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John Schneider: The untold backstory of a great football mind

Kyle Terada-USA TODAY Sports

Deep in the suburbs of Green Bay lies a quiet city, home to 25,000 people. Unknown to many, the city of De Pere is home to several historical figures, including a handful of senators, representatives, the famous author Stephen King, and many NFL executives and coaches. However, one name is often left out. John Schneider, one of the NFL's most brilliant minds -€” and current general manager of the Seattle Seahawks is a native of De Pere.

Little did John's parents know that on May 25, 1971 they would give birth to one of the brightest minds in the game of football --€” a man that would revolutionize the sport and bring sustained success to sports franchises all over the United States. Known for his professional scouting and roster building abilities, very few people know that John Schneider was actually a former football player himself.

Growing up, Schneider lived and breathed the sport. Attending De Pere's Abbot Pennings high school, he found an incredible amount of individual player success. To this day, Schneider is one of the school's all time leading rushers. After high school, he would go on to attend the University of St. Thomas, a private Catholic school in Minnesota. In his freshman year at the University, Schneider had an opportunity to play for the University's football team. Unfortunately, a shoulder injury would cut his football career short. To this day, John's choice to quit the game of football haunts him:

"One of my biggest regrets is that I didn't keep playing football," Schneider said. "I stopped after one year because I had injured both of my shoulders. I was a playing behind Gary Trettel, one of the best guys ever to play in the conference."

Despite the sudden end to his career as a player, his love and passion for the game remained. As a junior still attending university, Schneider wrote several personal letters to Ron Wolf, the general manager for the Packers, seeking a scouting internship. Unfortunately, most of John's attempts to reach out were unsuccessful. Finally, after pleading with Wolf and the Packers to give him a shot, he finally got a call back. Schneider had just been accepted to one of the most prestigious internships in the sports industry. Years later, John confirmed the details over his first NFL opportunity:

"I basically stalked Ron Wolf," Schneider said.

The young man wouldn't take no for an answer. Schneider missed football with a passion -€” and would do anything to get an opportunity back into the sport. He elaborated on the experience:

"Before my senior year I sat down and wrote a letter to Ron Wolf, and asked him to take a chance and hire me for an internship," Schneider said. "Then I went to the St. Thomas chapel and prayed as hard as I could."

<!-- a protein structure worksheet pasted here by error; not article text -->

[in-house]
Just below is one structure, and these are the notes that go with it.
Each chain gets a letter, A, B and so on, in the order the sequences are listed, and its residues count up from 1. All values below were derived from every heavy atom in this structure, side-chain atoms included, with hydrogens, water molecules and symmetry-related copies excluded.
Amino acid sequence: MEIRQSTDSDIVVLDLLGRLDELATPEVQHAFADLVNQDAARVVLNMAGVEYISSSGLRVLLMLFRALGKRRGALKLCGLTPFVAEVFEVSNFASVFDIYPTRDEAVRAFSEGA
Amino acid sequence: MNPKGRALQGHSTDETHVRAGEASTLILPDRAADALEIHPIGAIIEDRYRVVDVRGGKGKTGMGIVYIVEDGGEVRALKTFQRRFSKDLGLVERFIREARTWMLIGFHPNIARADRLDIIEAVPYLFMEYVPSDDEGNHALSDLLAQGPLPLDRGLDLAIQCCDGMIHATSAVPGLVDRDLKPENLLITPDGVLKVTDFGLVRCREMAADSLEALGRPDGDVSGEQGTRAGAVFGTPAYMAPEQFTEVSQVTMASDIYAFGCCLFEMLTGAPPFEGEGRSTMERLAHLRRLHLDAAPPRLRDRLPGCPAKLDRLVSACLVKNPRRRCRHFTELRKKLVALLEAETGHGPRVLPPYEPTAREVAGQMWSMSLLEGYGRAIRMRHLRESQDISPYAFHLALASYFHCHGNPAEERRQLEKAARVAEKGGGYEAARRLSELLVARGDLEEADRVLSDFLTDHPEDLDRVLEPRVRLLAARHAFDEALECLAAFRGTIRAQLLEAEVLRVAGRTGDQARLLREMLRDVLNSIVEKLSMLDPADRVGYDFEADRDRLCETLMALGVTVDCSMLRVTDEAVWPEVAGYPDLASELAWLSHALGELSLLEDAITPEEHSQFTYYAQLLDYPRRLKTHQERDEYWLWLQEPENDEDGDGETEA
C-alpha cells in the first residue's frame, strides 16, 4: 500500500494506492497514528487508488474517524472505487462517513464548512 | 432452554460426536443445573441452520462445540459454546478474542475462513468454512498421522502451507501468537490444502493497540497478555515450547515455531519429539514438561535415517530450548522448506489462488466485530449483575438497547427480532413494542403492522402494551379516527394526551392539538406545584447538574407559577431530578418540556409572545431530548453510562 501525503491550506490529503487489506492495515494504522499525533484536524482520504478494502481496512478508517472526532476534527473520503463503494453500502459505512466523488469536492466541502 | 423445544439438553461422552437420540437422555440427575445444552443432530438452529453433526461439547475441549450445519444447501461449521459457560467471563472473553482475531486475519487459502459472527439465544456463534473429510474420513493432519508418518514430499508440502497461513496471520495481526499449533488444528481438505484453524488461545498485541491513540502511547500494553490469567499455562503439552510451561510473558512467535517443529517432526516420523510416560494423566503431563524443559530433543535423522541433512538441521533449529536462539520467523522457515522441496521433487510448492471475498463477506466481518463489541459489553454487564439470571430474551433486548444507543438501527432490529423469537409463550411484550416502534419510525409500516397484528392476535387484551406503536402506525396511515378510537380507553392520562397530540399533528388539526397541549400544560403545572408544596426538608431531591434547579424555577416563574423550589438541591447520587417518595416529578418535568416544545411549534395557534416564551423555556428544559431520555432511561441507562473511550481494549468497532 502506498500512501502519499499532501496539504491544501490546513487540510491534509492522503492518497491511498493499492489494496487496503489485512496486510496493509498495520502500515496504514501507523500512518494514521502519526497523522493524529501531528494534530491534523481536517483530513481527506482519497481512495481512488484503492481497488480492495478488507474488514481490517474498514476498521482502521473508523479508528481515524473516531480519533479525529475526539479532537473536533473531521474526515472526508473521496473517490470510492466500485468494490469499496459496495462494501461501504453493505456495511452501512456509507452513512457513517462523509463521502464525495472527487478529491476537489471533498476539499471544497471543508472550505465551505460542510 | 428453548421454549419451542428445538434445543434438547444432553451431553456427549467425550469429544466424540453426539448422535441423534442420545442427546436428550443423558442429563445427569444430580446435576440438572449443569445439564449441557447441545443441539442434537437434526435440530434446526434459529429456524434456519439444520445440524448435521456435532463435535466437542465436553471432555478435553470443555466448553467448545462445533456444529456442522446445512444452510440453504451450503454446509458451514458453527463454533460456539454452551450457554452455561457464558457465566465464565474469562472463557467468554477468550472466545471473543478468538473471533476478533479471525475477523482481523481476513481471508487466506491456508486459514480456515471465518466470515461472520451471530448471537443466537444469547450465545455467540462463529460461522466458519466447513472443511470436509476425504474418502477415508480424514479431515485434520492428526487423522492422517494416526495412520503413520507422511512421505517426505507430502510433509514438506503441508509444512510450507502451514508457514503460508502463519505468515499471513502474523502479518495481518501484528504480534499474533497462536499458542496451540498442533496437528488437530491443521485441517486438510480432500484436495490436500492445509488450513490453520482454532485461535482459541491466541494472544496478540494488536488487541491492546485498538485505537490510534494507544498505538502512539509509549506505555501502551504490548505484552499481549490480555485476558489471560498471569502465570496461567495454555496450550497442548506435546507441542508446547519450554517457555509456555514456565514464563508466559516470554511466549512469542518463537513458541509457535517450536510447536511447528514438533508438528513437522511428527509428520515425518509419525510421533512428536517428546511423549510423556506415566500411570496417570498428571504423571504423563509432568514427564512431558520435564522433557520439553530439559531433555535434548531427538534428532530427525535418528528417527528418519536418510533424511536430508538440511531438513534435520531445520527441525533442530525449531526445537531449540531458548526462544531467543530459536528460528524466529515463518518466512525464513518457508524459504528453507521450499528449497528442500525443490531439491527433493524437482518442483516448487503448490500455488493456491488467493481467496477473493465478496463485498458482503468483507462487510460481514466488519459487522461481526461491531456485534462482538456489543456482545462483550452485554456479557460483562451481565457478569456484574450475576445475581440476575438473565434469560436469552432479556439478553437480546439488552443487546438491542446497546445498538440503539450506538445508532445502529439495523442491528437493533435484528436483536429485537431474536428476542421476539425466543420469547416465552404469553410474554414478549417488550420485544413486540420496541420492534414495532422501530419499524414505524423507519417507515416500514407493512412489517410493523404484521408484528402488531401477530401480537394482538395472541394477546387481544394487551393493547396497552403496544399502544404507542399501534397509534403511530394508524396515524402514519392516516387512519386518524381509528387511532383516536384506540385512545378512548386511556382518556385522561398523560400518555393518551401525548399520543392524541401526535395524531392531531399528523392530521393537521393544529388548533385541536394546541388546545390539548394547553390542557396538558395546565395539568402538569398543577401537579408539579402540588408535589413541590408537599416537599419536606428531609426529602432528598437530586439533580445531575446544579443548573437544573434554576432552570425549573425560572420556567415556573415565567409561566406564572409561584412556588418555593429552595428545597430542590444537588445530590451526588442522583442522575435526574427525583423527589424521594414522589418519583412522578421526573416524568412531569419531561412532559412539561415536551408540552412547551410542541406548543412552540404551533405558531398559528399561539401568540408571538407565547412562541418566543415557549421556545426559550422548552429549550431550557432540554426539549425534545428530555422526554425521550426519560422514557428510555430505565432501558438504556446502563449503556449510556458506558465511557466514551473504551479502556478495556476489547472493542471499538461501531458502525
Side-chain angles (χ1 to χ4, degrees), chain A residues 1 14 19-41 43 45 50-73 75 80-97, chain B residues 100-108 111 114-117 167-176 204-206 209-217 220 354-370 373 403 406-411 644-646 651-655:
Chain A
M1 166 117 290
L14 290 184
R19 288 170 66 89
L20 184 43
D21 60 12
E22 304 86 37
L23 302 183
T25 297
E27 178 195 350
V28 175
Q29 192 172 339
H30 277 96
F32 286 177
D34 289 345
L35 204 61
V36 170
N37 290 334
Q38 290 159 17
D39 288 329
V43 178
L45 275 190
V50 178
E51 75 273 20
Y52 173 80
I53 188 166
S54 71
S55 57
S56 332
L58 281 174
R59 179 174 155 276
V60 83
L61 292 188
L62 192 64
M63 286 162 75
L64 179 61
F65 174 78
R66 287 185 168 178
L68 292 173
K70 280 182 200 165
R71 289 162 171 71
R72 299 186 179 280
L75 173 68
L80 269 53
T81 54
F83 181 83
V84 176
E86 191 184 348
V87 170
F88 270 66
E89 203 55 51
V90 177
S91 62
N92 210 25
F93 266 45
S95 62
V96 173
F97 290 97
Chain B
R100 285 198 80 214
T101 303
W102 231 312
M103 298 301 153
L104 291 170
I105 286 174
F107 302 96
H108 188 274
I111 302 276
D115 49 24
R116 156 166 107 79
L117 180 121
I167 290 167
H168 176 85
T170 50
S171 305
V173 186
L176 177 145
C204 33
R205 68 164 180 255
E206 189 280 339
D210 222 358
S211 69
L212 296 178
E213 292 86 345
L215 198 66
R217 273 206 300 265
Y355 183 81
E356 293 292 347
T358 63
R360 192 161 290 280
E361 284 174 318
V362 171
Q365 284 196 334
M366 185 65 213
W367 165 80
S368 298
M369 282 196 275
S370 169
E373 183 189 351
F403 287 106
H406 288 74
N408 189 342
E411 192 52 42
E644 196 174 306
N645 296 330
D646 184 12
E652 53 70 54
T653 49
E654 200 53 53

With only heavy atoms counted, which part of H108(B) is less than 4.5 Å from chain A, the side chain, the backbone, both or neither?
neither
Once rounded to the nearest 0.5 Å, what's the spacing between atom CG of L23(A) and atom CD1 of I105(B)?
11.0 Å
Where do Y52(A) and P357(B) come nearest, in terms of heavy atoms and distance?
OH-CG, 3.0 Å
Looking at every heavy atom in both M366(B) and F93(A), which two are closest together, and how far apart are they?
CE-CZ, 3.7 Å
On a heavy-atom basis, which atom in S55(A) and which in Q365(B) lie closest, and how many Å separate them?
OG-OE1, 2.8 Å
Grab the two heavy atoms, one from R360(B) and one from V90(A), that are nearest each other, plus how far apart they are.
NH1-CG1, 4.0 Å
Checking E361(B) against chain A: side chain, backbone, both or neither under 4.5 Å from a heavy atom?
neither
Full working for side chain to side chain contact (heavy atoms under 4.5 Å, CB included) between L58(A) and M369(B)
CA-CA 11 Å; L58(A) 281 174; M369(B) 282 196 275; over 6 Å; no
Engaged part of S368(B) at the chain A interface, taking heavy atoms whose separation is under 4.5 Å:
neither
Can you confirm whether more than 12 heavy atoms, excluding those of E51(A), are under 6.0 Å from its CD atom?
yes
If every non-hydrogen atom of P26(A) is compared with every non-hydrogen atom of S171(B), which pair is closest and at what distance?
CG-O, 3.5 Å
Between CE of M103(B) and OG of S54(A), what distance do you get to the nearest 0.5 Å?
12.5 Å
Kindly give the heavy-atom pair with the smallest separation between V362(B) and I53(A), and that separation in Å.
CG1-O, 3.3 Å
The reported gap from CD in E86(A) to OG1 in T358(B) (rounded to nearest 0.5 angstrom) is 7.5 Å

John's relationship with the Green Bay Packers began as an intern for the summer of 1992. This was the start of Schneider's professional football career as a football scout. Following the summer of '92 with the Packers, he returned to University to finish his studies. Upon completion of his collegiate degree in 1993, Schneider returned to Green Bay as a pro personnel assistant. To this day, he holds fond memories of his time at university:

"Some of the best friendships of my life I made at St. Thomas," Schneider said. "It's a place where I really developed as an individual and as a man. I just grew up during those years. I have very fond memories of Father Lavin burgers. My wife, Traci, and I met in the Quad back there, and we later got married in the St. Thomas chapel."

He supported the Packers in that position for four years. During that time period, Schneider reportedly "played an integral role in the signing of several free agents who would help make up the team that won Super Bowl XXXI in New Orleans". During his four-year stint as pro personnel assistant, the Green Bay Packers went 42-22 while also bringing home the Lombardi in 1996. It was during this first time that Schneider was raised, trained, and groomed in Green Bay's football ideologies and philosophies. How to construct a roster, when to make moves for certain players, when to let players move on - these are all critical skills that he began to develop - skills that he would later catch fame for.

Schneider's NFL career began as a success. Naturally, executives around the league took notice of his talents -€” and soon he had received an offer from the Kansas City Chiefs to assume the position as the director of pro personnel. He left Green Bay in pursuit of the promotion with another franchise. During his time with the Chiefs, Schneider worked with Marty Schottenheimer, the Chiefs' head coach at the time. He would later follow him to the Washington Redskins. Among Schneider's many professional duties for the Chiefs, he heavily focused on scouting and free agent signings.